Poetry of the Sea: Part 2

They that go down to the sea in ships, and occupy their business in great waters. These men see the works of the Lord; and his wonders in the deep…
— Psalm 107

Some of the English language’s finest poetry has been written about the sea. Here’s some more of my favourites, some are excerpts due to length. And thank you for all your posts and emails about sea poetry that has touched you in some way! Keep ’em coming…

— ♥ —

The Kiss of a Seaman   17th Century
    When first I chanc’t to be among them
    I was belov’d of divers young men
    And with a modest mild behaviour
    That did intreat my love and favour

    But this I learned from my mother
    The kiss of a Seaman’s worth two of another

    Blare gentlemen of rank and fashion
    That live, most richly in the nation
    Have woo’d and su’d, as brave as may be
    That I might have been a pretty lady

    Love’s fiery beams I cannot smother
    The kiss of a Seaman’s worth two of another!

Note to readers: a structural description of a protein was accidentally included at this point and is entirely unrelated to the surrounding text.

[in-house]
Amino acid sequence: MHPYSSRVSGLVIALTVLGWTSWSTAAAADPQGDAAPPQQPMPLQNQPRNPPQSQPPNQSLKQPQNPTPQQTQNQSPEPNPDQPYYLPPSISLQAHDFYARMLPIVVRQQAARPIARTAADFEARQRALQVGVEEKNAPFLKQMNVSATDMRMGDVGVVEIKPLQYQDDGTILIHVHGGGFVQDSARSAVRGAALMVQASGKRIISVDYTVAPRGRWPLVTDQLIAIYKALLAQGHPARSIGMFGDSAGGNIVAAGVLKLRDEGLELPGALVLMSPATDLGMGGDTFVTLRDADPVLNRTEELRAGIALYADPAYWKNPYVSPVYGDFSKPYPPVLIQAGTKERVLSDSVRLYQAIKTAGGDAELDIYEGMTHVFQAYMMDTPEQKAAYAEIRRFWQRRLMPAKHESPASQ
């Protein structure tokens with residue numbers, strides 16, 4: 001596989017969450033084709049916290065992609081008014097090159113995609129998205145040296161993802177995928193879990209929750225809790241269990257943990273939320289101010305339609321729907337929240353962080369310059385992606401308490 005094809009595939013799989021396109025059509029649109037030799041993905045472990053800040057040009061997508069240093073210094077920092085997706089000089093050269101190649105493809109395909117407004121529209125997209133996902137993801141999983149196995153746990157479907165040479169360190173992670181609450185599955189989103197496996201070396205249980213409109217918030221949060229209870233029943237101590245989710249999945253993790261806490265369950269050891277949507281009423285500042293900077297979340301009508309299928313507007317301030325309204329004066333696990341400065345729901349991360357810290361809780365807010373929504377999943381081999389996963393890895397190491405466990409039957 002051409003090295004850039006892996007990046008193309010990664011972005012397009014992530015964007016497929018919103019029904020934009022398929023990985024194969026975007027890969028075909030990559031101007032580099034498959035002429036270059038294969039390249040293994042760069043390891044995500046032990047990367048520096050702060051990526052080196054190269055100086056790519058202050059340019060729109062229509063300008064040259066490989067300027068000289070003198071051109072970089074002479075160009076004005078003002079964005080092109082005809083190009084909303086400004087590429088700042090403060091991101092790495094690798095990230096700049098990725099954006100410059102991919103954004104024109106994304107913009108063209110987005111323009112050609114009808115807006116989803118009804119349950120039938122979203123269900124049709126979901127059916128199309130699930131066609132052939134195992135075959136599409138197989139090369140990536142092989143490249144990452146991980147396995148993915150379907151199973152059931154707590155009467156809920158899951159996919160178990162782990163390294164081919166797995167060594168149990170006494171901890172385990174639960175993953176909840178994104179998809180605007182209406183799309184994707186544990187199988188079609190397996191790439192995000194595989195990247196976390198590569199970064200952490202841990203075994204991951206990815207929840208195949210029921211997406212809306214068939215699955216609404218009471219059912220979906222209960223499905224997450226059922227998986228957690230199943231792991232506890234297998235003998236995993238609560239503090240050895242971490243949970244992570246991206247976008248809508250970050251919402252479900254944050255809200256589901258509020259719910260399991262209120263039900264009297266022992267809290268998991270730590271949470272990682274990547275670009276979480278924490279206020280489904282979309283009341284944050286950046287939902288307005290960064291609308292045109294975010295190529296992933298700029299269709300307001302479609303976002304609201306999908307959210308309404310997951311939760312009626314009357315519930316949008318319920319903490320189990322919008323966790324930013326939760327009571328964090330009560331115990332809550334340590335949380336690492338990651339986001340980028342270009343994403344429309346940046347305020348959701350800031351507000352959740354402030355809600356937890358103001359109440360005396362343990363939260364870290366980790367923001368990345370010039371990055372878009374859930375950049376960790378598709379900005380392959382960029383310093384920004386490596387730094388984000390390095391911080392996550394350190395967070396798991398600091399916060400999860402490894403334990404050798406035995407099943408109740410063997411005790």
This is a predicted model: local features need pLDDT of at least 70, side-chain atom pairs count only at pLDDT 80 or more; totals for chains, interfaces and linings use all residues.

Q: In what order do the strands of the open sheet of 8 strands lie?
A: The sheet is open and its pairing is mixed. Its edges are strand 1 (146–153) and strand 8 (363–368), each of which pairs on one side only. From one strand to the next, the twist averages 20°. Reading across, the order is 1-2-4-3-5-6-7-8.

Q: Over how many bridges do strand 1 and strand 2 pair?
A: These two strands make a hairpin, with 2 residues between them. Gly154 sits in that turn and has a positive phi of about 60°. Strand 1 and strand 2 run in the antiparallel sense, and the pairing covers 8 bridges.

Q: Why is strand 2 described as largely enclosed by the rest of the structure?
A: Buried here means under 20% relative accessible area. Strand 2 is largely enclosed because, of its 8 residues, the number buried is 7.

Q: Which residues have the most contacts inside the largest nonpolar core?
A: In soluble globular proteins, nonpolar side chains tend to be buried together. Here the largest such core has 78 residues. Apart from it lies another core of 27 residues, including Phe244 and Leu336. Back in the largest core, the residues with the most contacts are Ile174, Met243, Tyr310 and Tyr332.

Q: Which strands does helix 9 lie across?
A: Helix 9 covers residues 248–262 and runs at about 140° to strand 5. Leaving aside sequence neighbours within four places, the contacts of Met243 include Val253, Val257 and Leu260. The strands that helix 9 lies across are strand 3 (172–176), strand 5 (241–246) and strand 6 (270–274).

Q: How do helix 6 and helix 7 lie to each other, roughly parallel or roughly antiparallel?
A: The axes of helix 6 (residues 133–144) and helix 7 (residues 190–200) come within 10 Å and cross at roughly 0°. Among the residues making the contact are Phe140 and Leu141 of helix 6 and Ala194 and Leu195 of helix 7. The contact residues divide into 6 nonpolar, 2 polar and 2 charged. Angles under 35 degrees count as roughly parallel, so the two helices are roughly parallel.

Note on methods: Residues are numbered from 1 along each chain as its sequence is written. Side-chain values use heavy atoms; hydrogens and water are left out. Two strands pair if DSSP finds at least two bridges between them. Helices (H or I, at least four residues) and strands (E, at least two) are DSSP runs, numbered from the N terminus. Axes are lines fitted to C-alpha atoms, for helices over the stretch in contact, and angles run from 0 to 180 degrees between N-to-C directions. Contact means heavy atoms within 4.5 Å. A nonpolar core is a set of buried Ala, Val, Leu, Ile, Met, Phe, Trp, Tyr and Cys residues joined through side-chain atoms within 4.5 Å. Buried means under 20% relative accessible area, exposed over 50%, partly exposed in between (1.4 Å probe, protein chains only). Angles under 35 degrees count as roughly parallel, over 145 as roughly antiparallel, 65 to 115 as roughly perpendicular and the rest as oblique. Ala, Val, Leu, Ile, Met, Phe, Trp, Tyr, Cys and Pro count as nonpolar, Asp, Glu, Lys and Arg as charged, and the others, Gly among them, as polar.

Shipwreck  by William Falconer
    Again she plunges! hark! a second shock
    Bilges the splitting vessel on the rock;
    Down on the vale of death, with dismal cries;
    The fated victims shuddering cast their eyes

    In wild despair; while yet another stroke
    With strong convulsion rends the solid oak;
    Ah Heavens! —behold her crashing ribs divide!
    She loosens, parts, and spreads in ruin o’er the tide

 

The Boy stood on the Burning Deck (Casabianca)   by Felicia Dorothea Hemans
    The boy stood on the burning deck
    Whence all but he had fled;
    The flame that lit the battle’s wreck
    Shone round him o’er the dead.

    Yet beautiful and bright he stood,
    As born to rule the storm;
    A creature of heroic blood,
    A proud, though childlike form.

    The flames roll’d on…he would not go
    Without his father’s word;
    That father, faint in death below,
    His voice no longer heard.

    He call’d aloud…”Say, father,say
    If yet my task is done!”
    He knew not that the chieftain lay